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'I Would Make A Bad President,' Obama Says In Huge Campaign Blunder

Obama makes a slight gaffe when, instead of saying "Hello, Tallahassee," he says "John McCain is clearly the better candidate."
Obama makes a slight gaffe when, instead of saying "Hello, Tallahassee," he says "John McCain is clearly the better candidate."

TALLAHASSEE, FL—In a campaign gaffe that could potentially jeopardize Sen. Barack Obama's White House bid, the Democratic presidential nominee told nearly 8,000 supporters Tuesday that, if elected, he would be a terrible president.

The blunder, captured by all major media outlets and broadcast live on CNN, occurred when the typically polished Obama fielded a question about his health care policy. Obama answered by saying he would give small business owners a tax credit to help them provide health care for their employees, and then added, "Now, I'm not completely certain that my plan would work because, overall, I think I would make a bad president."

According to sources, before those on hand could fully process what Obama had said, the Illinois senator continued to stumble, claiming that, were he to win the general election, he'd have absolutely no idea what to do.

"My youth and inexperience would definitely make me an awful president," said Obama, whose seven-minute misstep was further exacerbated when he called himself "no expert" on the economy. "To be perfectly honest, I'd be worried about putting me in charge of the most powerful military in the world because I'm not any good when it comes to making important decisions. Also, I'm not sure how much I care about keeping this great nation of ours safe."

"I'm an elitist, I hate Israel, and I want to lose the war in Iraq," Obama concluded, and then, seemingly unaware of the magnitude of his blunder, smiled, gave a thumbs-up to the stunned crowd, and urged his supporters to get out and vote on Nov. 4.

Immediately following the speech, Obama campaign officials released a written statement alleging that their candidate's comments had been taken out of context. In addition, Obama's top adviser David Axelrod claimed that the senator was quoting former president Abraham Lincoln when he said, "I am not the guy to head the executive branch of the United States government. Trust me. I'm really not."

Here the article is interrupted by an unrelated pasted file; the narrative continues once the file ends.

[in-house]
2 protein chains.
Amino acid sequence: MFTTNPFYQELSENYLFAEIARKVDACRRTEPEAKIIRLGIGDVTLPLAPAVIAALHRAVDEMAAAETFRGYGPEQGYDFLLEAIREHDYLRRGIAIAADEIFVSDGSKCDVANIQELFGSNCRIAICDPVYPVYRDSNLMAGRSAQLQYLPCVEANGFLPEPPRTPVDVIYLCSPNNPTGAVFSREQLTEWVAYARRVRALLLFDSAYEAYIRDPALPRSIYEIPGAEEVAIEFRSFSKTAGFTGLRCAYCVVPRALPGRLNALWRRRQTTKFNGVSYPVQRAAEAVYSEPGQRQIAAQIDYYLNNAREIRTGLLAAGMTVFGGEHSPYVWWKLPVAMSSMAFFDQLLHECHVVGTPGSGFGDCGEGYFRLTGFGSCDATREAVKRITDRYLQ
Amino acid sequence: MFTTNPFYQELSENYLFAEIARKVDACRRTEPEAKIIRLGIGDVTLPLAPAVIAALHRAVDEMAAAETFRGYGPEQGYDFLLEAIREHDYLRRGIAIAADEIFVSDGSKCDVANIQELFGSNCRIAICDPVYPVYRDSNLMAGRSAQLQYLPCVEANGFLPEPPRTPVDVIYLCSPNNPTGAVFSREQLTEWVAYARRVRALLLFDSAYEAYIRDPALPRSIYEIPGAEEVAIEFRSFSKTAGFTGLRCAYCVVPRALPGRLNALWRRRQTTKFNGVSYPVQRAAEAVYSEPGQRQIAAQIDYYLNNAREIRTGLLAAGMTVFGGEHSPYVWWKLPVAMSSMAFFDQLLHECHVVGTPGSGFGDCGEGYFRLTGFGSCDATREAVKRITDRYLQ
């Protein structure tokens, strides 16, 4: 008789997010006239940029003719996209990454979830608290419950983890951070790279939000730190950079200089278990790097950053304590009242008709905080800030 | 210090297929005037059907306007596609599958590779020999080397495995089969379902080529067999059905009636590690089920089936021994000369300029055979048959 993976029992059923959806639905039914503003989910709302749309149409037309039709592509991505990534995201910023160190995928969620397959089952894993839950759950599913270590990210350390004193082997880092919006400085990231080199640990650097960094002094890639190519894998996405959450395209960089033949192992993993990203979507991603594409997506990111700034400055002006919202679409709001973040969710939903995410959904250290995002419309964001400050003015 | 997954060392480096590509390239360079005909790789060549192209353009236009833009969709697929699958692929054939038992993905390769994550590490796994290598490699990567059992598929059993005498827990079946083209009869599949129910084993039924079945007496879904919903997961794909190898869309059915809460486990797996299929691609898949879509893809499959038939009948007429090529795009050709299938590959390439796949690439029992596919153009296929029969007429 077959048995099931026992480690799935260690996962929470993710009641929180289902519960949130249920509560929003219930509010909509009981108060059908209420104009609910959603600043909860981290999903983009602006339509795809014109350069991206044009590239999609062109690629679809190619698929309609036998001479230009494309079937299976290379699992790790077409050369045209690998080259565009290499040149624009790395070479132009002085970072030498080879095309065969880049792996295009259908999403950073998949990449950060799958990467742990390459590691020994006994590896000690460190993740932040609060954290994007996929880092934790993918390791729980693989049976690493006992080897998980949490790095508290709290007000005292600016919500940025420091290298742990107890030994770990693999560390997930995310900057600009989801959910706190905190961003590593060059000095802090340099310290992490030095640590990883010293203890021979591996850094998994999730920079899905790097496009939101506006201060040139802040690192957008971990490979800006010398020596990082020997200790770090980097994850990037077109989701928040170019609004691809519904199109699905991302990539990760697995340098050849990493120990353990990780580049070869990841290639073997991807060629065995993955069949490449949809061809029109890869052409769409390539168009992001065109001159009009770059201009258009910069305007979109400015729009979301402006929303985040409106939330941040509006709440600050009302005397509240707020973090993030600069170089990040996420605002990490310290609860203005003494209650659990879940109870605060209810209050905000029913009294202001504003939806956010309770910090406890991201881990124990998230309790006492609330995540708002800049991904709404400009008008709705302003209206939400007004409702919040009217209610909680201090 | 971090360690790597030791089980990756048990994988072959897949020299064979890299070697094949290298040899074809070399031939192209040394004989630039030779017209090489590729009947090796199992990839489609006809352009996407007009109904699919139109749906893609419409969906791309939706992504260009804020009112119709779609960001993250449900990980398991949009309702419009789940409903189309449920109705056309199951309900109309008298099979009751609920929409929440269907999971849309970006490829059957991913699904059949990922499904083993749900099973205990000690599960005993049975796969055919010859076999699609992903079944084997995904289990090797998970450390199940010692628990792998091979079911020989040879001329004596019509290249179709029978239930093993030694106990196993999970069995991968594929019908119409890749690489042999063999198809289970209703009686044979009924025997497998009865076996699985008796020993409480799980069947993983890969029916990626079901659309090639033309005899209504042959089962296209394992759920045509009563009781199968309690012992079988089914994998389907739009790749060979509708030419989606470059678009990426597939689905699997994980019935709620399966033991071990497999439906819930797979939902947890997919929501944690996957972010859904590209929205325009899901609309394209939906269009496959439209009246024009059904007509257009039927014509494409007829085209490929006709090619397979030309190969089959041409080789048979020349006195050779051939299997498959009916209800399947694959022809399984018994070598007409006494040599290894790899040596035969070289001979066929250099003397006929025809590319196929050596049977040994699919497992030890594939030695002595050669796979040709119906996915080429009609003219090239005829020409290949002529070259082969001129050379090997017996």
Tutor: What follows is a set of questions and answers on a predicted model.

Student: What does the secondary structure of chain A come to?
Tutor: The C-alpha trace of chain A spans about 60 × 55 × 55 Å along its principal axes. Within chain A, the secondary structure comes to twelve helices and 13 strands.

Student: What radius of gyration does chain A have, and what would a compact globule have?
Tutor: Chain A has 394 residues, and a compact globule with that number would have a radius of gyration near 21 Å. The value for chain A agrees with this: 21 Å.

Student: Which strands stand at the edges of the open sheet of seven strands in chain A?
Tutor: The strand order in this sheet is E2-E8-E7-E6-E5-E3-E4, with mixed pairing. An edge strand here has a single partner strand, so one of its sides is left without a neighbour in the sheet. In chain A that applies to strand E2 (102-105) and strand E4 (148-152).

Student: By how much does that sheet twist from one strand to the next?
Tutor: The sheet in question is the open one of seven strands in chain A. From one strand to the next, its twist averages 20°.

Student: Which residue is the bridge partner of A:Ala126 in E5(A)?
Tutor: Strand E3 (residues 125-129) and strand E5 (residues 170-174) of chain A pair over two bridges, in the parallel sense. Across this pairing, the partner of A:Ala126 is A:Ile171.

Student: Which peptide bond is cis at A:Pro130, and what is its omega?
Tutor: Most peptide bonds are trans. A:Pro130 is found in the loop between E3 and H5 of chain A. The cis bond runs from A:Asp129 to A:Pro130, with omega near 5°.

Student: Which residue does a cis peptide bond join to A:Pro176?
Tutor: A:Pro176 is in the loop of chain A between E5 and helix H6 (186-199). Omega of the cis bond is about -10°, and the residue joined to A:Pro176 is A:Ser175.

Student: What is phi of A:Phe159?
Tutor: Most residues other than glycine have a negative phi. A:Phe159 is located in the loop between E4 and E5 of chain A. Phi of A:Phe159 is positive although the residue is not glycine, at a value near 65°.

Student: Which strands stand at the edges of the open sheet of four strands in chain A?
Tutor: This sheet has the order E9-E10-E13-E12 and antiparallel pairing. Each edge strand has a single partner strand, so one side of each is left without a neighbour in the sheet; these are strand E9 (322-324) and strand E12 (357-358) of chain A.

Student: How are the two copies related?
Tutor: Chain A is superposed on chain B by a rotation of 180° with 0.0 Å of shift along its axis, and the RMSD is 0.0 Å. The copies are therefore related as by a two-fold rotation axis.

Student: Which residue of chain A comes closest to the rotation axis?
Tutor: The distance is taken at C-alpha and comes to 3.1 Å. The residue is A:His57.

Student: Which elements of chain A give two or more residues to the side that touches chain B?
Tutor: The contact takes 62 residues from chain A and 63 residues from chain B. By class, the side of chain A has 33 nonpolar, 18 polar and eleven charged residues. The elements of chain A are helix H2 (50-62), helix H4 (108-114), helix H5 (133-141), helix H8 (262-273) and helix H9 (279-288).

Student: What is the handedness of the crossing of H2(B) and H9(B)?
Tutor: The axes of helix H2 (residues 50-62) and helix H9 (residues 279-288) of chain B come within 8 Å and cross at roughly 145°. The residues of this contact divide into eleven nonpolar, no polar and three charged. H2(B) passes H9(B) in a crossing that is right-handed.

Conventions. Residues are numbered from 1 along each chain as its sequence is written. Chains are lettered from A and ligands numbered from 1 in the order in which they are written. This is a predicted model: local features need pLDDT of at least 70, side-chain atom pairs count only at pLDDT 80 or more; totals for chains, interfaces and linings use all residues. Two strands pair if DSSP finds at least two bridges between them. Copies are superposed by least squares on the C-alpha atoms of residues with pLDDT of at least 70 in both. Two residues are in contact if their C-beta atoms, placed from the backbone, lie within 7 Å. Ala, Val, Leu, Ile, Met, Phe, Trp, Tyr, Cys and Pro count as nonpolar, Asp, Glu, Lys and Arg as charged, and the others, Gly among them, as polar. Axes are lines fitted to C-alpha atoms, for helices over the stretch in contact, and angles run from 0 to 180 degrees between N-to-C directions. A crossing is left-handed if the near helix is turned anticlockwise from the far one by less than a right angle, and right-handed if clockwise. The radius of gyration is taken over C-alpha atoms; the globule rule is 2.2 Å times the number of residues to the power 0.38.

Beltway observers agreed that the gaffe could come back to haunt Obama on Election Day.

"This might very well be the sound bite voters have in their heads when they step inside that booth on Tuesday," ABC political analyst George Stephanopoulos said. "It's just not the message you want to send to voters when you are up in the polls. Saying that you would make a bad president, especially when your entire campaign has been built around the idea that you would make a good president, doesn't play well with independent and undecided voters."

"Also, swing states like Ohio and Florida have historically leaned toward the nominee who thinks he'd be a good president, rather than the nominee who thinks he'd 'probably just screw everything up worse,'" Stephanopoulos added.

An analysis of historical documents supports Stephanopoulos' claim, and confirms that the past 55 winning presidential candidates—with the exception of a dying Franklin Delano Roosevelt in 1944—all strongly maintained they would be good or great presidents throughout their campaigns, and never hinted otherwise.

"I think Sen. Obama may have opened up a slight window for John McCain here," New York Times reporter David Sanger said during Wednesday's taping of Charlie Rose. "If the McCain camp can find some way to exploit this miscue, it could have the potential to be a real game-changer."

However, a CNN poll taken moments after Obama's speech revealed that the candidate's misstep may have simply gotten lost amid the 24-hour news cycle. Though most citizens said they would prefer a candidate who thinks he'd be a good president, 23 percent said they would still vote for someone who thinks he would make an okay president. Furthermore, 35 percent of citizens said they would vote for a nominee who promised to be a serviceable, or even a so-so, president.

Forty-two percent of citizens polled said that, at this point, a "just plain bad" president would also be good enough.

"I am more certain than ever that I will vote for Obama," Windham, NH resident James Kilner said. "This is the first time I have really connected with a candidate, mainly because I think I would make a pretty bad president, too."

As of press time, the McCain camp has yet to respond to the potentially damaging blunder. However, many feel this is exactly what the Arizona senator needed following a mistake he made earlier in the week when he said that "a vote for McCain is a vote for mass genocide."

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